New Hampshire Democracy Report: January 4, 2019

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January 4, 2019

The NH House and Senate may be more favorable in the 2019 session to restoring voting rights, fair redistricting and getting money's influence out of politics. But there will likely be resistance at the executive branch to bills which empower the voters and challenge special interests. The New Hampshire Democracy Report will be following democracy bills in the NH House and Senate, as well as proposed changes to the NH Constitution regarding Citizens United and a nonpartisan redistricting commission. 

Not all bills have been assigned numbers yet, particularly Senate bills, but we anticipate having a more complete listing of bills in the coming week. In the meantime, here are some of this week's hearings in Concord.


10:00 a.m. Secretary of State’s Office
10:15 a.m. The Association of Counties
10:30 a.m. NH Municipal Association


10:00 a.m. HB 345, relative to certification of devices for the electronic counting of ballots.   This bill asks the Ballot Law Commission to examine voting machines upon request or a minimum of every five years to insure election integrity.   Supported by Open Democracy Action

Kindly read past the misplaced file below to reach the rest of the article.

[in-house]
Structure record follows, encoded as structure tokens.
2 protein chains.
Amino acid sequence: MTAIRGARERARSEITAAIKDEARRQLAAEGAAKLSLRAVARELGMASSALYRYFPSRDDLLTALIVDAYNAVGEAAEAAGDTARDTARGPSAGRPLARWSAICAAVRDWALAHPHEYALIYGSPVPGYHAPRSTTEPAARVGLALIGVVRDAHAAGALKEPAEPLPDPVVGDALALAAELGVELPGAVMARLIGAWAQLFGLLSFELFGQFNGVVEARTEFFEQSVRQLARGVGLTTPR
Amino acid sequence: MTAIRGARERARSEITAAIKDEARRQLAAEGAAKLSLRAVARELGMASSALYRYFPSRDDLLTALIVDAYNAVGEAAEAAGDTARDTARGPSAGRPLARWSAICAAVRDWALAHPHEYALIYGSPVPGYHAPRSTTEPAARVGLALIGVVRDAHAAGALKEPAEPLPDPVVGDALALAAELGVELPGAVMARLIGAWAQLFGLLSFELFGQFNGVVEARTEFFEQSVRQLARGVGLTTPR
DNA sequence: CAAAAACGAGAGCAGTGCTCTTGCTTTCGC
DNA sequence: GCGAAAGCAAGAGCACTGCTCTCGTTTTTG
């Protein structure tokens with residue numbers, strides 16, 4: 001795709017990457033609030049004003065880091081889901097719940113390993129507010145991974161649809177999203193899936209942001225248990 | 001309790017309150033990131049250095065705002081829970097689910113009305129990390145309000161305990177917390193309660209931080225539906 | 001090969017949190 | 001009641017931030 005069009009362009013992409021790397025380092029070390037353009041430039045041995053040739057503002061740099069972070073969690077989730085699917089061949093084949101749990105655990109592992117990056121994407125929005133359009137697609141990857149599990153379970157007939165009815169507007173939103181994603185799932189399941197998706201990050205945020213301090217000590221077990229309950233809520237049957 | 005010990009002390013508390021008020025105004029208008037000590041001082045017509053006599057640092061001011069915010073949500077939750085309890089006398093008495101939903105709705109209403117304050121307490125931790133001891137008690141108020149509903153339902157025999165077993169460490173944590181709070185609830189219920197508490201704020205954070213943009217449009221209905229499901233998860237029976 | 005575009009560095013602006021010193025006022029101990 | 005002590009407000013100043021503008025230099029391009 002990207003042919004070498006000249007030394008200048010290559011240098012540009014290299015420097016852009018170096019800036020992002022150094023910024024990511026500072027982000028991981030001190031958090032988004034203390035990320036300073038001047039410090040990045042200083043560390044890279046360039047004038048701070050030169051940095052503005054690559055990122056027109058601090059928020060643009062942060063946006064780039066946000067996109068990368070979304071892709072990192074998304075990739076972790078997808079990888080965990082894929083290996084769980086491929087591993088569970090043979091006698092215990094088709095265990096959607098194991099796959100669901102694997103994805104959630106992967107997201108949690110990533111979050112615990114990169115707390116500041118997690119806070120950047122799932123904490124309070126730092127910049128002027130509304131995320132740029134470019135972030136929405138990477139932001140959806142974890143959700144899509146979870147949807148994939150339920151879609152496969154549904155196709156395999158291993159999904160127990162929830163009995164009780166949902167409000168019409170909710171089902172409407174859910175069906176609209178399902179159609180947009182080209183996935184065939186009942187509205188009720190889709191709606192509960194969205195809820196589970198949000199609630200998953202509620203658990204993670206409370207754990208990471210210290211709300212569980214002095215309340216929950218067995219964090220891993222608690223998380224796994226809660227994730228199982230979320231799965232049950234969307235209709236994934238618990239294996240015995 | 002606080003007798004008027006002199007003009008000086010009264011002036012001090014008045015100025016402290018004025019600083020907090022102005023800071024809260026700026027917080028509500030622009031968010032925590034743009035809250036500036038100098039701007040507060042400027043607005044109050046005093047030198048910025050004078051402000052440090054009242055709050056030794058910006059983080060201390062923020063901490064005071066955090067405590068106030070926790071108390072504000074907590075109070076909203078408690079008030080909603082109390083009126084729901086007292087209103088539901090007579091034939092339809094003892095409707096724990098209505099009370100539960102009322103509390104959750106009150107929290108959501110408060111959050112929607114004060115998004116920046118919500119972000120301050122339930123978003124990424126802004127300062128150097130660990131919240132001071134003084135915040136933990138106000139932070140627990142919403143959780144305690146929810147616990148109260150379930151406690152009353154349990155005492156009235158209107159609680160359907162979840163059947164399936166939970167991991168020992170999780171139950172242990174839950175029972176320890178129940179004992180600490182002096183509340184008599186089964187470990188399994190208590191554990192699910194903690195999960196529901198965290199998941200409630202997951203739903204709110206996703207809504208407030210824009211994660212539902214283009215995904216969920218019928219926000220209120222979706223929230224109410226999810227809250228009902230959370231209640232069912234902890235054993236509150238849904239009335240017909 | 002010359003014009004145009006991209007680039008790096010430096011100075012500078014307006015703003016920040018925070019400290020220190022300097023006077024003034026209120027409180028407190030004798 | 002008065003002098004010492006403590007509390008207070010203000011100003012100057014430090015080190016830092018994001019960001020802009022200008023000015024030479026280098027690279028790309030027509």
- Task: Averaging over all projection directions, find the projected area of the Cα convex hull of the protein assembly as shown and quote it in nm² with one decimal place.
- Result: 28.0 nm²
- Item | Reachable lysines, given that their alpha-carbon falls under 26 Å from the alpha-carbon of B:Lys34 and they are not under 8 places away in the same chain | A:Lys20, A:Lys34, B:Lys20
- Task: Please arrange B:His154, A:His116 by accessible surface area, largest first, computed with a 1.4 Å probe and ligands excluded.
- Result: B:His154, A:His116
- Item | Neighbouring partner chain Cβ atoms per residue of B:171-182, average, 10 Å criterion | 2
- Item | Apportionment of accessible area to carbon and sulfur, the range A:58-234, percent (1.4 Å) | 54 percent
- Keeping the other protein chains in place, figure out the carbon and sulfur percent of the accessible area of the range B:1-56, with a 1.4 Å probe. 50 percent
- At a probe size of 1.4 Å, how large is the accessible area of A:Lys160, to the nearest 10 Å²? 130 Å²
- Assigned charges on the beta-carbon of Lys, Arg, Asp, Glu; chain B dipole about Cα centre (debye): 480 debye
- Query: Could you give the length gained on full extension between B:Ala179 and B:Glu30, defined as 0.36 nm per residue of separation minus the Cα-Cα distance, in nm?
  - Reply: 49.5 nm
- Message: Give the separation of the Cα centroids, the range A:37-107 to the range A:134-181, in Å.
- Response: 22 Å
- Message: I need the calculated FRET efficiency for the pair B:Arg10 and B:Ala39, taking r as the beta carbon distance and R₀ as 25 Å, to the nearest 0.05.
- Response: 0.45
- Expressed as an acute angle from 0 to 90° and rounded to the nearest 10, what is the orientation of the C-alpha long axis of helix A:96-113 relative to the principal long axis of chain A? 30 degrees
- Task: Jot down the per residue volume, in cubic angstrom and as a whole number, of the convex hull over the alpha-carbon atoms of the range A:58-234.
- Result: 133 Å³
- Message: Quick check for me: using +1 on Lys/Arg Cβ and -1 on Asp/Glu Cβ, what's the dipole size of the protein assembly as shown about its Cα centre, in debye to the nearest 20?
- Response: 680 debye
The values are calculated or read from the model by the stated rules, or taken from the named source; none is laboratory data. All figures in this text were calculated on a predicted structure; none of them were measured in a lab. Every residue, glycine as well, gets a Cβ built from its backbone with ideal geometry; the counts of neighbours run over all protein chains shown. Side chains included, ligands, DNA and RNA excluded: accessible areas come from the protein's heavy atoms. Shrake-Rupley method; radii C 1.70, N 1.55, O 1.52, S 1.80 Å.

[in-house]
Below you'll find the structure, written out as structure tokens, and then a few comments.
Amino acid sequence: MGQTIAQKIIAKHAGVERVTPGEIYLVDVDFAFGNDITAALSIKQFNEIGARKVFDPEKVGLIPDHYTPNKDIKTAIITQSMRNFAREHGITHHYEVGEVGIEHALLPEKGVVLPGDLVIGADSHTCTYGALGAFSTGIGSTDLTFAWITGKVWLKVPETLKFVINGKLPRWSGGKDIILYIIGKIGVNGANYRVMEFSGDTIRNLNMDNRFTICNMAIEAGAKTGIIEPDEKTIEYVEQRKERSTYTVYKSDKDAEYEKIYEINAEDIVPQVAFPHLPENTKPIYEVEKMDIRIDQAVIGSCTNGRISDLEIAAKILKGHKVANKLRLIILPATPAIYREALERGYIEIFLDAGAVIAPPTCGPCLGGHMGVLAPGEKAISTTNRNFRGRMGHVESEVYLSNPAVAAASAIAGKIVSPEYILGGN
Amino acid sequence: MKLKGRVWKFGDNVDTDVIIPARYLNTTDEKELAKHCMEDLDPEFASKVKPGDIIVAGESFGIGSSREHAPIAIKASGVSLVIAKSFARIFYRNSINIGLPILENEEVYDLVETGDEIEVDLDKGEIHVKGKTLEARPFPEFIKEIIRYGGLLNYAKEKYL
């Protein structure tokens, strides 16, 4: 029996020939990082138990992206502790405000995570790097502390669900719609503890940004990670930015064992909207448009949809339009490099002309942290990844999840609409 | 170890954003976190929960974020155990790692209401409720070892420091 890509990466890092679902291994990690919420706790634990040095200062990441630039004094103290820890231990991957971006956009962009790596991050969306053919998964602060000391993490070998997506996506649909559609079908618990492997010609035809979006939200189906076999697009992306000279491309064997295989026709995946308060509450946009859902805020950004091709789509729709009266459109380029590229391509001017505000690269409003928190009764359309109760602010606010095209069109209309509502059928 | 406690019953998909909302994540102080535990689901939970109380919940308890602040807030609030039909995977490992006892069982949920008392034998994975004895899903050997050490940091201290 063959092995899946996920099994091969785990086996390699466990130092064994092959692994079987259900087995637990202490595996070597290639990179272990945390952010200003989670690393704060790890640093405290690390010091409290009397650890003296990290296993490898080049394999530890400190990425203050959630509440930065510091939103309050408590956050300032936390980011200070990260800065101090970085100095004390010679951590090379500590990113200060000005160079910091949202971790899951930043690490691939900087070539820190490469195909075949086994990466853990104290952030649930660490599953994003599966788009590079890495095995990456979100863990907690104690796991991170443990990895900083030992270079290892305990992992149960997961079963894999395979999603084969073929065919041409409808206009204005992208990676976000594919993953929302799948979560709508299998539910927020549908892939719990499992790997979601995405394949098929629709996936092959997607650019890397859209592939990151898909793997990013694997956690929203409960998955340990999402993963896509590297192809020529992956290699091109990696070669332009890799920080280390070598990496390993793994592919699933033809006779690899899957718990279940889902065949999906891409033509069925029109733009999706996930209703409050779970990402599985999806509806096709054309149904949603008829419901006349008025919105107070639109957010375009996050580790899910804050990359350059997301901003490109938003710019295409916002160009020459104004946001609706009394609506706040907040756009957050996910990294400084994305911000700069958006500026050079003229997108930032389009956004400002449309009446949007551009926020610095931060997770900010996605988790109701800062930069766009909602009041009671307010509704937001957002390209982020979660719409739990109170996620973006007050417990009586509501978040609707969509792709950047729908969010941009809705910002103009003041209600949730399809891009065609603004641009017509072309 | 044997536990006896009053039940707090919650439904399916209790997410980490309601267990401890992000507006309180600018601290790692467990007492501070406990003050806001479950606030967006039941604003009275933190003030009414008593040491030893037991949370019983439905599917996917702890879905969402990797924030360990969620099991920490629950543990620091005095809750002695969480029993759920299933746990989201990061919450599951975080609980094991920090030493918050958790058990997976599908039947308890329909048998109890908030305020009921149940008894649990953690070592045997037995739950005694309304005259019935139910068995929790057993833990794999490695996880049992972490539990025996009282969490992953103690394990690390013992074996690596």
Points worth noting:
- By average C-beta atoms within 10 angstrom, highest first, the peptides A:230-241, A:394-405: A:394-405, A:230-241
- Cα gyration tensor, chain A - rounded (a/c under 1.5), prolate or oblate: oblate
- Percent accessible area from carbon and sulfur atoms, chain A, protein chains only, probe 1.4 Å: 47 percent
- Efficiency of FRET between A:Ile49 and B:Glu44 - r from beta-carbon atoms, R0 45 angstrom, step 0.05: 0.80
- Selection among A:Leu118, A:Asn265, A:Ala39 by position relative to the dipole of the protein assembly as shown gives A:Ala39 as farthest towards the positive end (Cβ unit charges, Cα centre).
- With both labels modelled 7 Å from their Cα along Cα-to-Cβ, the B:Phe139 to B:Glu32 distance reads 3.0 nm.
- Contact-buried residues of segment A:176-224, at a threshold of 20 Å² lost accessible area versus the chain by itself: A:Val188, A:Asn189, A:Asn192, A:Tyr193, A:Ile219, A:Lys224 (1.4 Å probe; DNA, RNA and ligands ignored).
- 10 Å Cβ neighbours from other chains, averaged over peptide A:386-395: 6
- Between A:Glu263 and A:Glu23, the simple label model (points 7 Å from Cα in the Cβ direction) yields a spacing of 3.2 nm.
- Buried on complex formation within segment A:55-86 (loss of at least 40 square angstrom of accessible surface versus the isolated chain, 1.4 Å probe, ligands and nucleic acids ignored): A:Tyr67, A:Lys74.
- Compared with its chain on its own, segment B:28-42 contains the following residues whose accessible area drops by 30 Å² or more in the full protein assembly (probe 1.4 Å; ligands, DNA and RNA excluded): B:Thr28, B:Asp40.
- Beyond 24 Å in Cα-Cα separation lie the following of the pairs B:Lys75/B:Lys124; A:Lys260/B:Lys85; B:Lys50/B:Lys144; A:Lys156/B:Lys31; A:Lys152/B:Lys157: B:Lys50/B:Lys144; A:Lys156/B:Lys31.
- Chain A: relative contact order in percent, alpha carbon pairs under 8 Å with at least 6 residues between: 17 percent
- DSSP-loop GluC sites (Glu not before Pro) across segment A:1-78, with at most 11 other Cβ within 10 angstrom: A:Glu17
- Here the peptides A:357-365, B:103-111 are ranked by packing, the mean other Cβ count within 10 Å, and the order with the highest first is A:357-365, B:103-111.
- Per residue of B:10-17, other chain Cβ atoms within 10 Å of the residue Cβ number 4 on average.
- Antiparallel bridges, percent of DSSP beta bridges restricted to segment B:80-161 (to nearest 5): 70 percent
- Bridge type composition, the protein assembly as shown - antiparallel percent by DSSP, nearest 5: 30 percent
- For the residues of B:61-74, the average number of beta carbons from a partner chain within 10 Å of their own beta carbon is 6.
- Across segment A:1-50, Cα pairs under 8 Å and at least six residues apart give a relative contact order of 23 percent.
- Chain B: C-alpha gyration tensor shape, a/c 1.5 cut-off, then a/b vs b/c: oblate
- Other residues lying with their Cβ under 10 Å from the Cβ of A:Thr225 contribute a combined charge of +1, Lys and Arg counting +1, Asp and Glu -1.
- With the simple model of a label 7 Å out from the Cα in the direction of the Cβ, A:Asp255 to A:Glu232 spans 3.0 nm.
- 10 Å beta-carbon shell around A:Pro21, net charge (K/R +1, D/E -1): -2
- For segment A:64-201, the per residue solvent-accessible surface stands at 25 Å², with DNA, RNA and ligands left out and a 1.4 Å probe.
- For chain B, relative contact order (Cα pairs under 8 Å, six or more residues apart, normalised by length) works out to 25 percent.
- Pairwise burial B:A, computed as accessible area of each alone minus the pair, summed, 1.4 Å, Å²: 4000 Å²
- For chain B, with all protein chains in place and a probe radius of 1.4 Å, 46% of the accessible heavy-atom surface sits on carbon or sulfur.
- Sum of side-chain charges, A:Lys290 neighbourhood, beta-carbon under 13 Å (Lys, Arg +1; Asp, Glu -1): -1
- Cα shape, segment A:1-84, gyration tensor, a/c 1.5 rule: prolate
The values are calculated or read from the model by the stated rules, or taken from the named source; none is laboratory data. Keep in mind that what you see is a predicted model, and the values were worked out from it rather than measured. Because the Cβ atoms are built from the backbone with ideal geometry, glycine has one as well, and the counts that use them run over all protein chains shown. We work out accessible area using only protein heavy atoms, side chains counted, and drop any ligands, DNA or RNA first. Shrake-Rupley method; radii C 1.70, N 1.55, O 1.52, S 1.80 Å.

10:30 a.m. HB 152, increasing the threshold for reporting by political committees.   HB 152 is attempting to raise the limit at which a donation must be disclosed by a political committee to the NH Secretary of State's office from $25.00 to $100.  In our opinion, this makes campaign funding less transparent.  Opposed by ODA

10:45 a.m. HB 297, relative to political advertisements on behalf of political committees or advocacy organizations.   This bill patches an existing RSA by requiring the advertiser's name on the sign or flyer to the same one on file with the SOS's office.    Supported by ODA

1:00 p.m. HB 106, relative to the terms “resident,” “inhabitant,” “residence,” and “residency.

1:30 p.m. HB 105-FN, relative to domicile residency, voter registration, and investigation of voter verification letters.   HB 105 is an attempt to reform last year's vote-stifling HB 372, which put layers of requirements for medium-term residents in order to vote, particularly for students and military personnel.    Supported by ODA and NH Campaign for Voting Rights (NHCVR)



10:00 a.m. CACR 5, relating to the right to vote. Providing that 17-year-olds who will be eligible to vote in the general election be permitted to vote on that election’s primary election.
10:30 a.m. HB 242, relative to special elections.
11:00 a.m. HB 315, repealing the authority to share voter information or data with other sites.
1:00 p.m. HB 202, relative to requirements for presidential primary candidates.    HB 202 would require all U.S. Presidential candidates competing in the NH Primary to disclose 5 years of Federal Tax Returns to be on the ballot.   
1:30 p.m. HB 147, relative to appeals from recounts.
2:00 p.m. CACR 6, relating to elections. Providing that any inhabitant who so desires may vote by absentee ballot in primary and general elections.   NH currently has strict rules as to who may, and may not, vote via absentee ballot.   This bill relaxes those rules.